That’s where CancerIQ has differentiated ourselves as a solution that will manage a longitudinal relationship with the patient. We not only have provider features that provide clinical decision support, but we also have cutting edge patient engagement features that allow them to receive reminders and updates through the CancerIQ platform. Eventually we will make it so the patient can carry their CancerIQ from one place to another.
What are the typical steps in a patient journey in interacting with your system?
I’ll use the BRCA case because that’s probably the easiest for people to picture. When you check in to a provider visit from the comfort of your own home, you provide your family history. It’s a lot easier for you to recall the cancer in your family than for your provider to interview you to find it out, so we take that burden off the provider. If you are at elevated risk, we will generate some patient education for you and your provider will have a discussion about the need for genetic testing. That’s where your provider will be able to use the test platform to order testing from a number of our embedded genetic testing partners, where CancerIQ will ultimately facilitate the ordering of that test.
As I mentioned before, providers are being held back by filling out the insurance documentation paperwork. Patients who go through the CancerIQ experience are going to be working with providers who have a streamlined, easy way of making sure it’s covered by their insurance. They have peace of mind that they won’t really need to pay much out of pocket. When they get their test results back, they’ll get a personalized action plan based on their genetic testing results.
Some of those action plans could be things like getting a breast MRI in addition to a mammogram. In the COVID context, it could be that you were at the top of a priority list for someone who needs the breast cancer screening because of your level of risk and ultimately that early detection strategy isn’t something that happens once. As a patient, you’ll get a reminder every year that you need to get that breast MRI. Should the guidelines change, where they say, “Maybe we need to do one of those really cool blood detection cancer tests in the future,” CancerIQ will communicate that to the patient so that they ultimately have not only the most clinically valid options, but the best options for detecting cancer early or preventing it altogether.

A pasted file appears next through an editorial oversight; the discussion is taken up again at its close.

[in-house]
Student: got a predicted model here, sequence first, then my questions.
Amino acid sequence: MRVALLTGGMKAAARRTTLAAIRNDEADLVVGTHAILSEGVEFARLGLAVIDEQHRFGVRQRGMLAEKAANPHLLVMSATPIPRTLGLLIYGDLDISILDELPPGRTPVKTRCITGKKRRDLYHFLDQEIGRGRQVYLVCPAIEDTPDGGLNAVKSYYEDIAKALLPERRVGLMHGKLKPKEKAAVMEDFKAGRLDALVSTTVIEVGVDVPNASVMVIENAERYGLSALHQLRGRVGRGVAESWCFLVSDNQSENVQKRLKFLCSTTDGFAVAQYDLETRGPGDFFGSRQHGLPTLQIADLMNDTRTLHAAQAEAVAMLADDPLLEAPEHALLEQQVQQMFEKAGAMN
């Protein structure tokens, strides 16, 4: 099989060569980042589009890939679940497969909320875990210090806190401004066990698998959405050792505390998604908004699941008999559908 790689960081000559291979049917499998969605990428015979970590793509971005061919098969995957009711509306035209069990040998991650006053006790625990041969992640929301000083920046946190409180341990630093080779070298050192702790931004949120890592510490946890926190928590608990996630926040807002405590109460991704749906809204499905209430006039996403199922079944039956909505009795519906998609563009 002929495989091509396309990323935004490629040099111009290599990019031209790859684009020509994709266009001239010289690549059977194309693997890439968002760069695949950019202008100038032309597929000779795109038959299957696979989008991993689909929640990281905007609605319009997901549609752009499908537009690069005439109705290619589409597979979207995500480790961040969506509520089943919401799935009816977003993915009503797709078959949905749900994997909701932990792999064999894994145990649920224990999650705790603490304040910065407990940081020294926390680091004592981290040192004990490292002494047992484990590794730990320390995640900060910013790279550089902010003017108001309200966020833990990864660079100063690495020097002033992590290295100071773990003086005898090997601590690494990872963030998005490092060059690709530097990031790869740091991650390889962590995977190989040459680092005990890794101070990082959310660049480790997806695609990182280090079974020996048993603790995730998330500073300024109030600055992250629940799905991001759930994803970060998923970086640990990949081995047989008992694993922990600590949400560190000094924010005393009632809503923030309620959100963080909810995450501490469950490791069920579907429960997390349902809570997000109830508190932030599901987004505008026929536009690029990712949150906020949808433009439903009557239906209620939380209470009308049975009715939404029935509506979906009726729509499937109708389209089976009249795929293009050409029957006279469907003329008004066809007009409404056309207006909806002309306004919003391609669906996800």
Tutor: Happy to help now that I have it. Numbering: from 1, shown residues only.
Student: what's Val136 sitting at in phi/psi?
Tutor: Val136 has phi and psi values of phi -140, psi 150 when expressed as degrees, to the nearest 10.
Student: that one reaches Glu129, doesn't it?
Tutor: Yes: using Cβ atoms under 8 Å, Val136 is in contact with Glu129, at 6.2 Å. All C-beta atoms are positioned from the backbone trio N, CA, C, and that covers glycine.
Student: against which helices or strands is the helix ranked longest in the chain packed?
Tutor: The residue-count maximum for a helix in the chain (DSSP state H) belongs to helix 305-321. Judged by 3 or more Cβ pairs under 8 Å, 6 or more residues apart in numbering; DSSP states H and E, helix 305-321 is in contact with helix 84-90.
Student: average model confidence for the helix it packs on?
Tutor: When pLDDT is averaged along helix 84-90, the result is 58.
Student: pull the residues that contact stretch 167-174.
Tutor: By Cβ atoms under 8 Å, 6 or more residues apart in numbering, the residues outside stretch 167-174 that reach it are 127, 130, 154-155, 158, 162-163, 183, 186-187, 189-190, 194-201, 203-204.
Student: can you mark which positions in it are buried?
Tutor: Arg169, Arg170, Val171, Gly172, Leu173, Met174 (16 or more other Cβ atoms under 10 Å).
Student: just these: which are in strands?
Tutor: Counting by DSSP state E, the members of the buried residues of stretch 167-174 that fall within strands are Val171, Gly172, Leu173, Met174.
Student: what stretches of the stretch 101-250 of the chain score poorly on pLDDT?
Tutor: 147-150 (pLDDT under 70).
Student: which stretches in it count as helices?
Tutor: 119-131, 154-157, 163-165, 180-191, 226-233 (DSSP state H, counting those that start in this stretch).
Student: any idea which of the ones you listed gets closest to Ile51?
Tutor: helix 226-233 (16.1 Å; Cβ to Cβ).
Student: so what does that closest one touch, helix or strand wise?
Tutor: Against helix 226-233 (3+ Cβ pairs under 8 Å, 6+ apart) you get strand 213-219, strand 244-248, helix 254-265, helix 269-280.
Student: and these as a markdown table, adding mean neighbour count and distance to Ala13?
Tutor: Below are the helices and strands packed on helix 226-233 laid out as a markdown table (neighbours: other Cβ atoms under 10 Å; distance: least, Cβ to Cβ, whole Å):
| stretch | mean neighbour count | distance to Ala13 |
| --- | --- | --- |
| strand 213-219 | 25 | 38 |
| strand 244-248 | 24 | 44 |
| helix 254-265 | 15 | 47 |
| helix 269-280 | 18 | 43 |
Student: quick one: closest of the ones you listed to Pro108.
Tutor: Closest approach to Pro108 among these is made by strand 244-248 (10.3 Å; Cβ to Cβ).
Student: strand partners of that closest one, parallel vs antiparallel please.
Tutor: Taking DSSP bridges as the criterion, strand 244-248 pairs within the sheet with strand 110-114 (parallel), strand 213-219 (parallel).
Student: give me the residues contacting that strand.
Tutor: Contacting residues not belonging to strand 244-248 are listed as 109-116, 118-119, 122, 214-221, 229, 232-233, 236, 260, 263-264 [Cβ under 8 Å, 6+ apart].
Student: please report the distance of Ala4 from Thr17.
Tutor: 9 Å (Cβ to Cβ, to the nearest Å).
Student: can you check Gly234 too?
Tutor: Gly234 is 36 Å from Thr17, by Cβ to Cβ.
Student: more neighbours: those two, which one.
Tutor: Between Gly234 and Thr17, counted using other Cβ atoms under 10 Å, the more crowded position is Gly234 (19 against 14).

Consumer DNA test results often surprise people whose blood relatives don’t necessarily match what they have believed, with unknown siblings or different parents than they were raised with. How useful is the self-reported family history compared to actually testing someone’s DNA?
The future of healthcare is going to be genome-first. Family history is what we had in place and is the earliest form of risk assessment. We of course continue to support that. But part of the real value in CancerIQ, and where we see the healthcare ecosystem heading, is that we will be able to do genetic testing on people, and we may reach to that first. But as we reach to doing the testing first, what will become more important is the interpretation of the testing, the clinical decision support, and a lot of the intelligence layers that CancerIQ offers. If you don’t know your family history, CancerIQ can still interpret that genetic data to get you the right preventative health care plan.
Most investors are older white men who, consciously or subconsciously, tend to fund startups that are led by founders who are like a younger version of themselves. How do you pitch the company for funding knowing that’s the case?
I always pitch my company in the way I know it will resonate with an investor. I started my career in finance and used to be an investor. To get over the hurdle of them looking for a younger version of themselves, I’ve always shown them data on the value of our company and the traction that we’ve made. We have demonstrated that we are extremely valuable to some of the best health systems in the country. We are data-driven in showing how we can increase their downstream revenue, detect cancer early, and even improve their cancer screening rates. I’ve always had to lead with data to overcome some of those biases. Once they see the incredible performance and traction of CancerIQ, it typically gets me to the next meeting.
What do you see happening with the company over the next 3-5 years?
I see the market growing, primarily driven by the science. We understand the correlation between cancer and our genes, but we’re also starting to learn a lot more about cardiac diseases and other chronic conditions. I see the company in the next 3-5 years meeting that need and expanding from CancerIQ to CardiacIQ and ultimately being able to support full genome-based care.
I also see this moving from something that is done only in specialty care to becoming part of a primary care visit. Decision support technologies and things that can offer artificial intelligence will be a huge part of what we do in the future.
Do you have any final thoughts?
CancerIQ is partnering with a number of the available HIT solutions. We started off point-to-point integrations to make sure that our data gets into the EHR. But we are excited, given that we are managing content and data information that changes, by FHIR interfaces and allowing the provider to feel like they are not leaving the EHR, but are still getting the benefits of CancerIQ in their workflow.